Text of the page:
REVIEW: Leo (Auckland Arts Festival)

March 20, 2013
An Uncanny Spectacular [by Matt Baker] A man in a box. It’s an elementary premise, but it is from within the confines of these walls, designed by Flavia Hevia, that actor, dancer, trampolinist, gymnast, and clown, Tobias Wegner explores a unique world and finds a seemingly limitless variety of play. And play he does. Wegner evokes a childlike quality in […]

REVIEW: Hui (Auckland Arts Festival)

March 19, 2013
Whānau ties [by Matt Baker] Family is an intrinsically universal concept, one to which all – regardless of (and sometimes in spite of) one’s upbringing – can relate. Instigated by the ultimate qualifier of death, Mitch Tawhi Thomas explores this concept, and the dynamics surrounding it, in the world premiere of the appropriately titled Hui. Said dynamics are illustrated through […]

REVIEW: One Man, Two Guvnors (Auckland Arts Festival)

March 15, 2013
One Man, Two Guvnors, Lots of Laughs [by James Wenley] I’m not sure who laughed the most: the audience’s belly laughs competed with Owain Arthur’s gleefully mad bray as he delighted in his mischief-making as journeyman and modern day harlequin Francis Henshall, bagman to two Guvnors. One Man, Two Guvnors is a theatrical blockbuster from The National Theatre, writer Richard […]

REVIEW: And I Was Like (The Basement)

March 15, 2013
And I Was Like: Whatever [by Matt Baker] In his programme notes, writer and director Sam Brooks puts forth the question, ‘What happens  when you take one of the fundamental pillars of relationships, the words, out of the equation?’ He  summarises by saying that ‘when it gets from the stage to your faces, maybe you’ll get your  answer.’ If there is […]

REVIEW: One Man Guy: Dirty American Decade (The Basement)

March 14, 2013
America Calling [by Matt Baker] 22 years on, Jon Pheloung returns to perform the self-proclaimed sort of sequel to his one-man show, One Man Guy. This, of course, raises the question of what, if anything, has changed. Having not seen the original production, I couldn’t say, but there is certainly a distinct feeling of the show not only taking place, but […]

REVIEW: Rhinoceros in Love (Auckland Arts Festival)

March 11, 2013
Love Saturation [by James Wenley] The sentiment is expressed by one character within Rhinoceros in Love that all love stories are the same. Certainly in mainstream western media we are constantly fed the boy-meets-girl-boy-eventually-wins-girl narrative. It was invigorating then to discover in Rhinoceros in Love a love story quite unlike any other I had ever seen. The visual spectacle, including […]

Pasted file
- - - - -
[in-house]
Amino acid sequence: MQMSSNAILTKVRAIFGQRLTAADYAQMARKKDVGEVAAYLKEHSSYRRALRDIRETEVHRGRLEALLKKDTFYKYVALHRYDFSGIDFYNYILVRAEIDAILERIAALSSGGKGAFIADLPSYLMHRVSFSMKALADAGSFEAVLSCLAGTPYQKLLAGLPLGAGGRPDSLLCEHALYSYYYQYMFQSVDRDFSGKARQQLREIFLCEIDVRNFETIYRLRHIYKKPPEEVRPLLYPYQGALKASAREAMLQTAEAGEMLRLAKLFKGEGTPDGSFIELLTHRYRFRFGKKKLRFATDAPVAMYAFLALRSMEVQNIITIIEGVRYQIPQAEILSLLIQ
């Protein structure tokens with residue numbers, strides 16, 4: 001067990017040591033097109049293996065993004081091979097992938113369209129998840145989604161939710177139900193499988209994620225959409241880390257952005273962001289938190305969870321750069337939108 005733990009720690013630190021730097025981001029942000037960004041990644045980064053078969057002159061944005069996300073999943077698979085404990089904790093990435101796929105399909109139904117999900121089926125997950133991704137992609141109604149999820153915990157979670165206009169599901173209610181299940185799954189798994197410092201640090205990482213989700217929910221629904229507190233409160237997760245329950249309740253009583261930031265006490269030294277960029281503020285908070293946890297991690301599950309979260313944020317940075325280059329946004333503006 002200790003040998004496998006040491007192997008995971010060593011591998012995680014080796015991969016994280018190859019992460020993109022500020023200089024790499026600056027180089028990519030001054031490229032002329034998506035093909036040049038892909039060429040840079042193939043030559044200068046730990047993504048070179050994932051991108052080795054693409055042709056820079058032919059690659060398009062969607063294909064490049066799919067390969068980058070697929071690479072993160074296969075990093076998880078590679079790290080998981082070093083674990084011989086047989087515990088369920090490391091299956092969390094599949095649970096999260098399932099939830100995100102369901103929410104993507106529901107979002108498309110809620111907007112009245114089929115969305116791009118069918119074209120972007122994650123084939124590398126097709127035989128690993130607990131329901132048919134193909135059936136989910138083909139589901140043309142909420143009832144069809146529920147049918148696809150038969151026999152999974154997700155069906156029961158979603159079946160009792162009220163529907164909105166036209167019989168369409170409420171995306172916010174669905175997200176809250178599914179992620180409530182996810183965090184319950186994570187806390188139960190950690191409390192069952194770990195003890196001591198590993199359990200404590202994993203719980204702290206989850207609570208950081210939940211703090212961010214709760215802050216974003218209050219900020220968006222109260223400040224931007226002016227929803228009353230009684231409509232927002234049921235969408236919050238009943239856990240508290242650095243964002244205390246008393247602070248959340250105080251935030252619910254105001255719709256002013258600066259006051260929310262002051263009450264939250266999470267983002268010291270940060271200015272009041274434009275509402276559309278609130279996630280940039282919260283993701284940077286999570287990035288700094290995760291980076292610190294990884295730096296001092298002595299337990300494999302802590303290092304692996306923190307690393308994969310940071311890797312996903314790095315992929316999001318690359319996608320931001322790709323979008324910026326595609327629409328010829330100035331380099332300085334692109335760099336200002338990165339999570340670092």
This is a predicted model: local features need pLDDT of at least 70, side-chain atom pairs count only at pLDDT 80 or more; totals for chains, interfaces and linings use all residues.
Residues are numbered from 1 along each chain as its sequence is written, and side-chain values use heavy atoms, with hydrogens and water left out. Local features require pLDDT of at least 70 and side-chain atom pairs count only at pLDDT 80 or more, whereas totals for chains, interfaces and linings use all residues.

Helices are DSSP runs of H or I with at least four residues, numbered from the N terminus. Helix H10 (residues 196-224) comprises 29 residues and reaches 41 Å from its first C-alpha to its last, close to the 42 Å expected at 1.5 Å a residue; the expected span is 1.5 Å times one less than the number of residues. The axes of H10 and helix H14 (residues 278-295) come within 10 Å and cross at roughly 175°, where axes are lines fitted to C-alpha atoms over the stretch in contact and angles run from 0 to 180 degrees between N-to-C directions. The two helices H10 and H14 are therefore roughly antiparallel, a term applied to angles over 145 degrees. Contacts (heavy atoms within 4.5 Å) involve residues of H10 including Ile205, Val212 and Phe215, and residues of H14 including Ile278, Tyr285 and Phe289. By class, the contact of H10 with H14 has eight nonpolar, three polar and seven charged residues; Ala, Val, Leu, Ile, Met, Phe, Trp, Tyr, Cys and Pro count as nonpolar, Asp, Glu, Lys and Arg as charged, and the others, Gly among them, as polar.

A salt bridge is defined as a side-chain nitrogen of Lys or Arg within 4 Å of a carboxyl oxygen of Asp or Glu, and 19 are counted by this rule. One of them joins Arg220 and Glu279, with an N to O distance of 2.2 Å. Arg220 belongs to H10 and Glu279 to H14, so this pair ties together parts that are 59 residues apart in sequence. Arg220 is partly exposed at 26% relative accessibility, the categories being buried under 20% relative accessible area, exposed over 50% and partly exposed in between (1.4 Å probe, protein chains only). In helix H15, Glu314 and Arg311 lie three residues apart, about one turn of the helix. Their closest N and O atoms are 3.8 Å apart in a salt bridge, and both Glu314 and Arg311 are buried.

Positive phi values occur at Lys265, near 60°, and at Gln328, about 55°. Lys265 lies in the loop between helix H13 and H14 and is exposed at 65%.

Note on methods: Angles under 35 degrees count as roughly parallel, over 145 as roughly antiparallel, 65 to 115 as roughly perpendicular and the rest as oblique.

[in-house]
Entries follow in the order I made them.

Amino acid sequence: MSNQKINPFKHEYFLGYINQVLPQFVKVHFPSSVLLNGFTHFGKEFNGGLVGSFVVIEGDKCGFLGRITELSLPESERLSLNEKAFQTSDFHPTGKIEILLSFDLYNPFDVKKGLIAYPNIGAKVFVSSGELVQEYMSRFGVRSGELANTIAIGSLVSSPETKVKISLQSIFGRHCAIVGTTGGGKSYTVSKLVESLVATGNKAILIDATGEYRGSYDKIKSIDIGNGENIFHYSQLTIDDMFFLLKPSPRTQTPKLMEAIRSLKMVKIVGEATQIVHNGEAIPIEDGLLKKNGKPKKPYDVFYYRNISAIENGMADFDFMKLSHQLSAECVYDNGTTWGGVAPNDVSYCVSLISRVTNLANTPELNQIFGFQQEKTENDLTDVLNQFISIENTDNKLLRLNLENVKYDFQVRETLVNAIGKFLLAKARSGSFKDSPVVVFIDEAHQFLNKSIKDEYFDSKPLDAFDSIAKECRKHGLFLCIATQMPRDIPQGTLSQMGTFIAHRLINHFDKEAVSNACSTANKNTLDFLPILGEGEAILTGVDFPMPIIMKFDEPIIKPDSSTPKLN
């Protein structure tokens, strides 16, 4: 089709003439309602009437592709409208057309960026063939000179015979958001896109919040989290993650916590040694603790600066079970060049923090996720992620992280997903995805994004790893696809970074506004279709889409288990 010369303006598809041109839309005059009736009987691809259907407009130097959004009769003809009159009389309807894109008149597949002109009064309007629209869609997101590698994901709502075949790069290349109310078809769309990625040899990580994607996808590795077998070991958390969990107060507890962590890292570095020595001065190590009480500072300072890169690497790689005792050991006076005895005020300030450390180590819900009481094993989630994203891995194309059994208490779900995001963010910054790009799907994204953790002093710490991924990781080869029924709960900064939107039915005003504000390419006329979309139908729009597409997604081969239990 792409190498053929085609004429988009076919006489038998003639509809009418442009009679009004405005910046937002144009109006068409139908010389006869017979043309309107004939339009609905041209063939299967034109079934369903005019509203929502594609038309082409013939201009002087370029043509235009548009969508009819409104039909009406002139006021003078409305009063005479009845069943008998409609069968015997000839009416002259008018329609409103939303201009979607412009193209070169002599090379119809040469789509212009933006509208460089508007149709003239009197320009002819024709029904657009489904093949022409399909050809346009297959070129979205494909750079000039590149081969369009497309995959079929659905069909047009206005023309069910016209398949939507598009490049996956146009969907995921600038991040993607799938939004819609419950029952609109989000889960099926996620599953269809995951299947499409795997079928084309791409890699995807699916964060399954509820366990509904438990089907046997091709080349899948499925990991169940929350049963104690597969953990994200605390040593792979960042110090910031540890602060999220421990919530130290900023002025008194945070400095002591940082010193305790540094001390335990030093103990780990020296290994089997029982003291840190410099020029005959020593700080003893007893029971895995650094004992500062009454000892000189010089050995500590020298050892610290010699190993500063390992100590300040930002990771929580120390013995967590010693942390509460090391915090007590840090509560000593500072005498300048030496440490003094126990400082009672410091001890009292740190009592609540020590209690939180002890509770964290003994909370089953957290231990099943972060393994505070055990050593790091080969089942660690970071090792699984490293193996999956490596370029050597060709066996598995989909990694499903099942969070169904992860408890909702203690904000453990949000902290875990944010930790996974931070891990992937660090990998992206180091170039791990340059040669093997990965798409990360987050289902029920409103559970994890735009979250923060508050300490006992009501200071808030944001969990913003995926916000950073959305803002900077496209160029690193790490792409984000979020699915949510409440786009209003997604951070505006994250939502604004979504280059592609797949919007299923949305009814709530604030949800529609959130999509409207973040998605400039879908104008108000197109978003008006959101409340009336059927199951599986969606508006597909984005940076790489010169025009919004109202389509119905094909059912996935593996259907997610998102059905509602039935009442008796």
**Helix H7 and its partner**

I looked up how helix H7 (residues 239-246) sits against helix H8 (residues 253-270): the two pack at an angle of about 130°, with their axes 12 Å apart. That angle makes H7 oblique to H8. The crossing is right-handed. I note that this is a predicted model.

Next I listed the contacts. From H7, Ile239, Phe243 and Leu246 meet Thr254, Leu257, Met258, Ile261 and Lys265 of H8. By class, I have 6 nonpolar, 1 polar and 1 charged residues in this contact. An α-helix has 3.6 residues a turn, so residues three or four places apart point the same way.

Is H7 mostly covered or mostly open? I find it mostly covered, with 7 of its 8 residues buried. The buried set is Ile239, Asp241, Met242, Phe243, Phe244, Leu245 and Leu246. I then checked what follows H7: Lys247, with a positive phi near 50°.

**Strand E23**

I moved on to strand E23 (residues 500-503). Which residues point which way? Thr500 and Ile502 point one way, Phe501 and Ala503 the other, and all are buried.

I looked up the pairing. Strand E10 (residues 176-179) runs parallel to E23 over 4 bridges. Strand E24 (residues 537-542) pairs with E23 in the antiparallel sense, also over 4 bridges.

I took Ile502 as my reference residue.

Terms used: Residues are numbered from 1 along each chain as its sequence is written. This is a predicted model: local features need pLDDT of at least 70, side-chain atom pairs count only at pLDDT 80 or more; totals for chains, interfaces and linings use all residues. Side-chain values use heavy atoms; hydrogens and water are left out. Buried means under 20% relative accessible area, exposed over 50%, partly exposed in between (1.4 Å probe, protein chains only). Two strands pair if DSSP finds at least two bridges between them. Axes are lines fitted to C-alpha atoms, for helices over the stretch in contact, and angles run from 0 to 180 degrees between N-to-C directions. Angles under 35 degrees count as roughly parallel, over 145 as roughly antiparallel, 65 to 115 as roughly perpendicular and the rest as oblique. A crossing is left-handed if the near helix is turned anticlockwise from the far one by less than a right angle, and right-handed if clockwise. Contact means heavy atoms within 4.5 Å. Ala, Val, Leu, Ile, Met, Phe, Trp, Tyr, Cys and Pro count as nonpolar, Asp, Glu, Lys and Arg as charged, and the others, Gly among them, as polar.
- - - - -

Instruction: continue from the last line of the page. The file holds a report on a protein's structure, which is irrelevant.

REVIEW: I Heart Alice Heart I (Auckland Arts Festival)

March 10, 2013
Too clever by Alice [by James Wenley] The thinking goes: everyone has a story to tell, everyone has a potential theatre show in them. When Irish Theatre maker Amy Conroy oversaw a kiss between two 60-something women snatched in the aisle of Tescos, she thought she had stumbled upon a story worth telling, and the theatre show she had been […]

REVIEW: The Factory (Auckland Arts Festival)

March 8, 2013
Pacific Side Story [by James Wenley] The chance taken on Kila Kokonut’s Krew The Factory – “New Zealand’s first Pacific Musical” – should prove the biggest statement of this year’s Auckland Arts Festival. Dedicated to the parents and grandparents of the creatives and cast who moved to New Zealand from the islands, The Factory began as a modest workshop production […]

REVIEW: Darling, Today We’re Going To Die (Auckland Fringe)

March 7, 2013
It’s a short journey [by Matt Baker] With the Sky Tower prominent in their backdrop, the rear windows of St Kevin’s Arcade next to Alleluya are an appropriate performance space for this apocalyptic piece set in a central Auckland flat. Written and directed by, and starring Lucia Farron-Diamantis, Lewis Gregory, and Lana Mackintosh, collectively known as Three Queens, the writing […]

FRINGE DISPATCH: Taniwha, Parts, Home, Gorge

March 7, 2013
Choose your Own Adventure [by James Wenley] Planning your Fringe schedule is akin to the choose-your-own-adventure stories in childhood. There are different venues, several shows are on at the same time, and you (or at least I) agonise over which path to take. Unfortunately in the Fringe choose-your-own-adventure, you can’t go back to the start and begin it all again: […]
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